New York Rangers: It's Miller Time For J.T., Kevin Hayes
LOS ANGELES, CA - MARCH 25: Antti Raanta #32 of the New York Rangers celebrates a 3-0 win over the Los Angeles Kings with J.T. Miller #10 and Kevin Hayes #13 at Staples Center on March 25, 2017 in Los Angeles, California. (Photo by Harry How/Getty Images)

The time for waiting is over. Kevin Hayes and J.T. Miller have to be the difference-makers for the New York Rangers many believe they can be.

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For three years, Kevin Hayes and J.T. Miller have teased New York Rangers fans with their sky-high potential. It’s been an issue of consistency and trust from the coaching staff, not talent, that has hampered their ability to reach their extremely high ceilings. But after an offseason that’s seen some forwards move out of the Big Apple, both have the opportunity to step up.

But after an offseason that’s seen some forwards move out of the Big Apple, both have the opportunity to step up. The pieces are in place and the front office and coaching staff has their backs—for now at least. While some will consider last year to be breakout years for both, they need to be better in 2017-18 than they were.

To me, there is undoubtedly more pressure on Kevin Hayes to impress this season. We don’t know how long Filip Chytil will be here, and even with him around, there are big shoes to fill on both ends of the ice for Hayes. The thing with Hayes is this: If he’s not producing and getting offensive opportunities, he’s just a mediocre player. He’s not fast and he doesn’t play a physical game. When Kevin Hayes is at his best, he is a playmaking machine and a puck possession force. Like this.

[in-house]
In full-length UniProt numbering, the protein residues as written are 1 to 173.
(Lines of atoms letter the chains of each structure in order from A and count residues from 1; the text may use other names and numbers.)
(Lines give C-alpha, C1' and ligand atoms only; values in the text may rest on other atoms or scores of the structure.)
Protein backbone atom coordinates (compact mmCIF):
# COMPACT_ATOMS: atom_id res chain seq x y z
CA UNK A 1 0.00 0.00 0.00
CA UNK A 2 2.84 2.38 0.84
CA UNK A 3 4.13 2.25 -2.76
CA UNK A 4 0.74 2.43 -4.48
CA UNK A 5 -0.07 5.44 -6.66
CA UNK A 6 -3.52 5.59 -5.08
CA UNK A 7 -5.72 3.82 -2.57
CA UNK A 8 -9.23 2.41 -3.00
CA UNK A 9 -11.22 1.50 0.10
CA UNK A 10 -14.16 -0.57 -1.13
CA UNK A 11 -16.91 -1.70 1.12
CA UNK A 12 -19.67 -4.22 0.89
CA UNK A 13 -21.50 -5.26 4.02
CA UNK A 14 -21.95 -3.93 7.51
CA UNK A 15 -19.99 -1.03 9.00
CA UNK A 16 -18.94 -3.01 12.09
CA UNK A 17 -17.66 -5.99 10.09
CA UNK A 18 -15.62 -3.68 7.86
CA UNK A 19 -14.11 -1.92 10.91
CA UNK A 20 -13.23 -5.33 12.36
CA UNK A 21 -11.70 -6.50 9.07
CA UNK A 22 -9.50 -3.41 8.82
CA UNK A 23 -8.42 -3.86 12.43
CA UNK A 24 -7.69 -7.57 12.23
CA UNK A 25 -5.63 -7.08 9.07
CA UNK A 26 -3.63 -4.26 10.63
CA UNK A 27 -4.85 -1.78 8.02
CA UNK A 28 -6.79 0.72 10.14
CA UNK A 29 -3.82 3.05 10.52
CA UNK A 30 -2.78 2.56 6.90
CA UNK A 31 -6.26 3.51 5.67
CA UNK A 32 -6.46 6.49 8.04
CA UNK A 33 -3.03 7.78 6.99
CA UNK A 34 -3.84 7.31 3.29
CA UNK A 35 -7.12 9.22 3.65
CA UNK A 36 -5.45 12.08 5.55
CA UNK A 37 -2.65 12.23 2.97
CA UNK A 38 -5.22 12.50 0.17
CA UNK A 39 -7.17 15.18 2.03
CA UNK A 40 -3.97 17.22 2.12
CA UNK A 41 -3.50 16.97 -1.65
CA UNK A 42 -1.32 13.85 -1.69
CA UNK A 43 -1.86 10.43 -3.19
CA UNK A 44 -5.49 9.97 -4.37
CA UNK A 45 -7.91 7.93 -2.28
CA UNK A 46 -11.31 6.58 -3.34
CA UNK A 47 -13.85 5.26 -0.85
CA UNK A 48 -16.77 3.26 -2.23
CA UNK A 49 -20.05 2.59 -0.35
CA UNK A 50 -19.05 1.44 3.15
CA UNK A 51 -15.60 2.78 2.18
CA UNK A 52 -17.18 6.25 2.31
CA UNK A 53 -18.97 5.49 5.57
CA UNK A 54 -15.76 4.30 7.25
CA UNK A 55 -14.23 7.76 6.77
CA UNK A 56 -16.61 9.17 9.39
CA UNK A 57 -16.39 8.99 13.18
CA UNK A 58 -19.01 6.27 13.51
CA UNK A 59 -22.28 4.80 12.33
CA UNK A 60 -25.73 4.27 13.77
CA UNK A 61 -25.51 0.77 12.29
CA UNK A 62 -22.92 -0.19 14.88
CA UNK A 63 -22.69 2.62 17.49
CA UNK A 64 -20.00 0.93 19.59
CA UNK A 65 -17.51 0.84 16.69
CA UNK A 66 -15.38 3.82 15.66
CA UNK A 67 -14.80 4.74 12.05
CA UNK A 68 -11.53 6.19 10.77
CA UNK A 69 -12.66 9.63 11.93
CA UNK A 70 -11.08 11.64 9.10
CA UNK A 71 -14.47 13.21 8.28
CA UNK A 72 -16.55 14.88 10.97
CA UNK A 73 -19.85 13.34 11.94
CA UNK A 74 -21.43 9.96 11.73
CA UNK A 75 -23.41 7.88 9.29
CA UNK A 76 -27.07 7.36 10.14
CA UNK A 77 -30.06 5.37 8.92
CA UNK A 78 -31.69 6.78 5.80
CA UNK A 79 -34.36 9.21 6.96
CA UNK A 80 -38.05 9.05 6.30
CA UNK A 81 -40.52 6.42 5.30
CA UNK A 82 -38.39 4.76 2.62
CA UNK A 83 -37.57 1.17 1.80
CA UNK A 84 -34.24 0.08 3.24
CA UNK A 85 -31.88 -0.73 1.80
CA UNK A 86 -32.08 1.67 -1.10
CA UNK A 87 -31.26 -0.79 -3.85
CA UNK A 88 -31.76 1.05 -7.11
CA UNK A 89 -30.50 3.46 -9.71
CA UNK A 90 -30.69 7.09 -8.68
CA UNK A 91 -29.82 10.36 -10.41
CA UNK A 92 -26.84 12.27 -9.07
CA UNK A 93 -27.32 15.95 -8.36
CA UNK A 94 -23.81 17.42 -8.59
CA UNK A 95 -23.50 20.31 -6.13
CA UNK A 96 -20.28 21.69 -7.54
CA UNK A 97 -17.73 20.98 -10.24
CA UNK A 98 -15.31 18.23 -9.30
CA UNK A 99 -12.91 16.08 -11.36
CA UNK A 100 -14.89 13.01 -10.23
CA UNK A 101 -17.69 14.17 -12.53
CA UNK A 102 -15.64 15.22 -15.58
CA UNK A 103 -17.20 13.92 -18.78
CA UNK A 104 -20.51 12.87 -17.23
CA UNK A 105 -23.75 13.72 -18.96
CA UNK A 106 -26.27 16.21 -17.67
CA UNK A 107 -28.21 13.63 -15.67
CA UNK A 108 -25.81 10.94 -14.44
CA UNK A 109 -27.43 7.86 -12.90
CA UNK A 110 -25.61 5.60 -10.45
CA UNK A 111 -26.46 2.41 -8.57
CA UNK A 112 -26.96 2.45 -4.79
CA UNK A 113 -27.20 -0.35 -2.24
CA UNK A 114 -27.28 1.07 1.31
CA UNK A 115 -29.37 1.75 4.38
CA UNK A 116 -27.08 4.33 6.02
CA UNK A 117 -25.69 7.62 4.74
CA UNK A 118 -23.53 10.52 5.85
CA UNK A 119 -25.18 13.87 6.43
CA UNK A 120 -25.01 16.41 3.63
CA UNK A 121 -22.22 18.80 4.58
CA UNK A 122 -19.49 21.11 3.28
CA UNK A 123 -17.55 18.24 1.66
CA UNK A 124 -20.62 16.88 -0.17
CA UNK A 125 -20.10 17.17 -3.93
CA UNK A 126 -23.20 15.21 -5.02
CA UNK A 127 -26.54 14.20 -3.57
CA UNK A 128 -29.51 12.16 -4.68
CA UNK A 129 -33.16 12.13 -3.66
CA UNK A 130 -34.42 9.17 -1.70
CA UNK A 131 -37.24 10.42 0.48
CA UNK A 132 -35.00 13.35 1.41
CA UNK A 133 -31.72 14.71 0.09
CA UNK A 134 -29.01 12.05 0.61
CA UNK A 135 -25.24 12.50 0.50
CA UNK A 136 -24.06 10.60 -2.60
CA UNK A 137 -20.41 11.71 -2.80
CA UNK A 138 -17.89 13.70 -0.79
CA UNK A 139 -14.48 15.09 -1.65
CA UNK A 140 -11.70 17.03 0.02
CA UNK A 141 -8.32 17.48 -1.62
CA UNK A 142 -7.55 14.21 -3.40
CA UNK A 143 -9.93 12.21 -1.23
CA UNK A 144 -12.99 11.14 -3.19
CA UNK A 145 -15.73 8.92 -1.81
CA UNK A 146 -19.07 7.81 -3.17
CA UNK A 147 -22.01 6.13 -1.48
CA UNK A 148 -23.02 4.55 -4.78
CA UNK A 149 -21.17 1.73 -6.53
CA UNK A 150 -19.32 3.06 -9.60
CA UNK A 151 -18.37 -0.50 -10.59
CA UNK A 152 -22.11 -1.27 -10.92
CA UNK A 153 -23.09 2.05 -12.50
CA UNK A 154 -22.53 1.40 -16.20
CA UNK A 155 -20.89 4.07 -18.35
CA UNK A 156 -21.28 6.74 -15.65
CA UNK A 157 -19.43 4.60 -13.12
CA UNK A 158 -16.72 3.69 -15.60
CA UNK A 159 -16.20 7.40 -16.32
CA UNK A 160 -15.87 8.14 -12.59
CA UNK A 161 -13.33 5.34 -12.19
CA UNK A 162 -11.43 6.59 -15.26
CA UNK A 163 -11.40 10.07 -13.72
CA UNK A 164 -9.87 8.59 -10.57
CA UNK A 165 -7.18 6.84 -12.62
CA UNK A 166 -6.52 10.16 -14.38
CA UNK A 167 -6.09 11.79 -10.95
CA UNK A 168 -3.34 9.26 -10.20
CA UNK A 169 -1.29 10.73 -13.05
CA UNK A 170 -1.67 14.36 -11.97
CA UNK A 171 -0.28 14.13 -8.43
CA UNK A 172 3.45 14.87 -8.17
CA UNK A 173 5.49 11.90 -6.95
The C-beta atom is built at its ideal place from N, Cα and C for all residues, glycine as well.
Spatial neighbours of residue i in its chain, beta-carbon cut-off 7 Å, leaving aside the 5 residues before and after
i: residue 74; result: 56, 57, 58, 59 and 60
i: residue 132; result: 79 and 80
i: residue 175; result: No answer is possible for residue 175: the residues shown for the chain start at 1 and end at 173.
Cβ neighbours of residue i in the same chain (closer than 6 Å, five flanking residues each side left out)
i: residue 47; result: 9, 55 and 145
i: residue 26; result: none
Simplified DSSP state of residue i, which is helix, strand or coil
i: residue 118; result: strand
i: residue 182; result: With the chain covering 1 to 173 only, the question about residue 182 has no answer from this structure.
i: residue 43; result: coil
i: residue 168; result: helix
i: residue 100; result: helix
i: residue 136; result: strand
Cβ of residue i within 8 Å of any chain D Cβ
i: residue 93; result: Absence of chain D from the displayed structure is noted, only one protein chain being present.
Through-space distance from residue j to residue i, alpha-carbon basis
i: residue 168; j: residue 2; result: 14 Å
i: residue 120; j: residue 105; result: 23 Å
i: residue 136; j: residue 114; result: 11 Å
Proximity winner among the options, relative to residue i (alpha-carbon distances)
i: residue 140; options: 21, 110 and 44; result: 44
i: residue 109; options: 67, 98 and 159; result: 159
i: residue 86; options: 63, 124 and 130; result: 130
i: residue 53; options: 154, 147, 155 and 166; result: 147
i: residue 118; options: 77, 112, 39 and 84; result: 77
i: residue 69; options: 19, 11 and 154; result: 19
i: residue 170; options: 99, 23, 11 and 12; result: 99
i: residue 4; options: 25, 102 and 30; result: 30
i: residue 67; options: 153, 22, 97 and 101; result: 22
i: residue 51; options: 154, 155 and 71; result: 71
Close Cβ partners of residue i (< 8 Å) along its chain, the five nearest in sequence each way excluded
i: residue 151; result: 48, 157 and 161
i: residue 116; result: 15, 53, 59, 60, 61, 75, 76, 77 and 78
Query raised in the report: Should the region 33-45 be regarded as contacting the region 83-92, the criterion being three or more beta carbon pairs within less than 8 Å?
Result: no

https://twitter.com/NHL/status/910659361520963584

I believe a stronger offseason training program and more confidence from the coaching staff will see Hayes deliver more consistent play than he has in the past. Look for him to reach the 55-point plateau this season.

J.T. Miller, on the other hand, is more of a total package. He’s a stronger skater and more eager to get his hands dirty. In two full seasons, Rangers fans have watched the 24-year-old grow from an overzealous blue line toe-dragger to a complete 200-foot player in 168 games since the 2015-16 season.

To me, if Miller isn’t finding the scoresheet night in and night out, he’s still a much more valuable player than Hayes. He’s someone who really gets after it on a forecheck and isn’t afraid to deliver big hits. Miller can play anywhere up and down the lineup.

Of course, I think Miller is so much more than a bottom-six grinder, and I compare him to a Ryan Kesler-type player. A guy who is capable of 30 goals and 30 assists while maintaining a nastiness to him that allows him to pester the opposition’s top players and play solid defense.

Again, we saw Miller really breakout last year, but I think this year is the year we start to see Miller hit his actual ceiling. Confidence from management and coaching staff is an absolute must for a player and Miller now has that backing.

The only concerning thing about these two was that neither one did anything in the playoffs last season. This is where the maturation process needs to be most relevant. On paper, the Rangers look like a playoff team, and now it’s time for these two to rely on that past playoff experience to better themselves.

It’s up to head coach Alain Vigneault to properly use and treat these two players. Slumps happen, 82 games is a grind. These two are now big parts of the “core,” so he needs to let them play through their slumps.

Don’t destroy their confidence and minimalize their usage. Don’t demote them to the fourth line. Part of the maturation process is finding ways to battle slumps. The last thing a young, skilled kid in a slump needs is a demotion. Boost their confidence and help them play through the struggles.

 NEXT: Rangers' McDonagh, Yankees' Austin Are Real-Life Superheroes 


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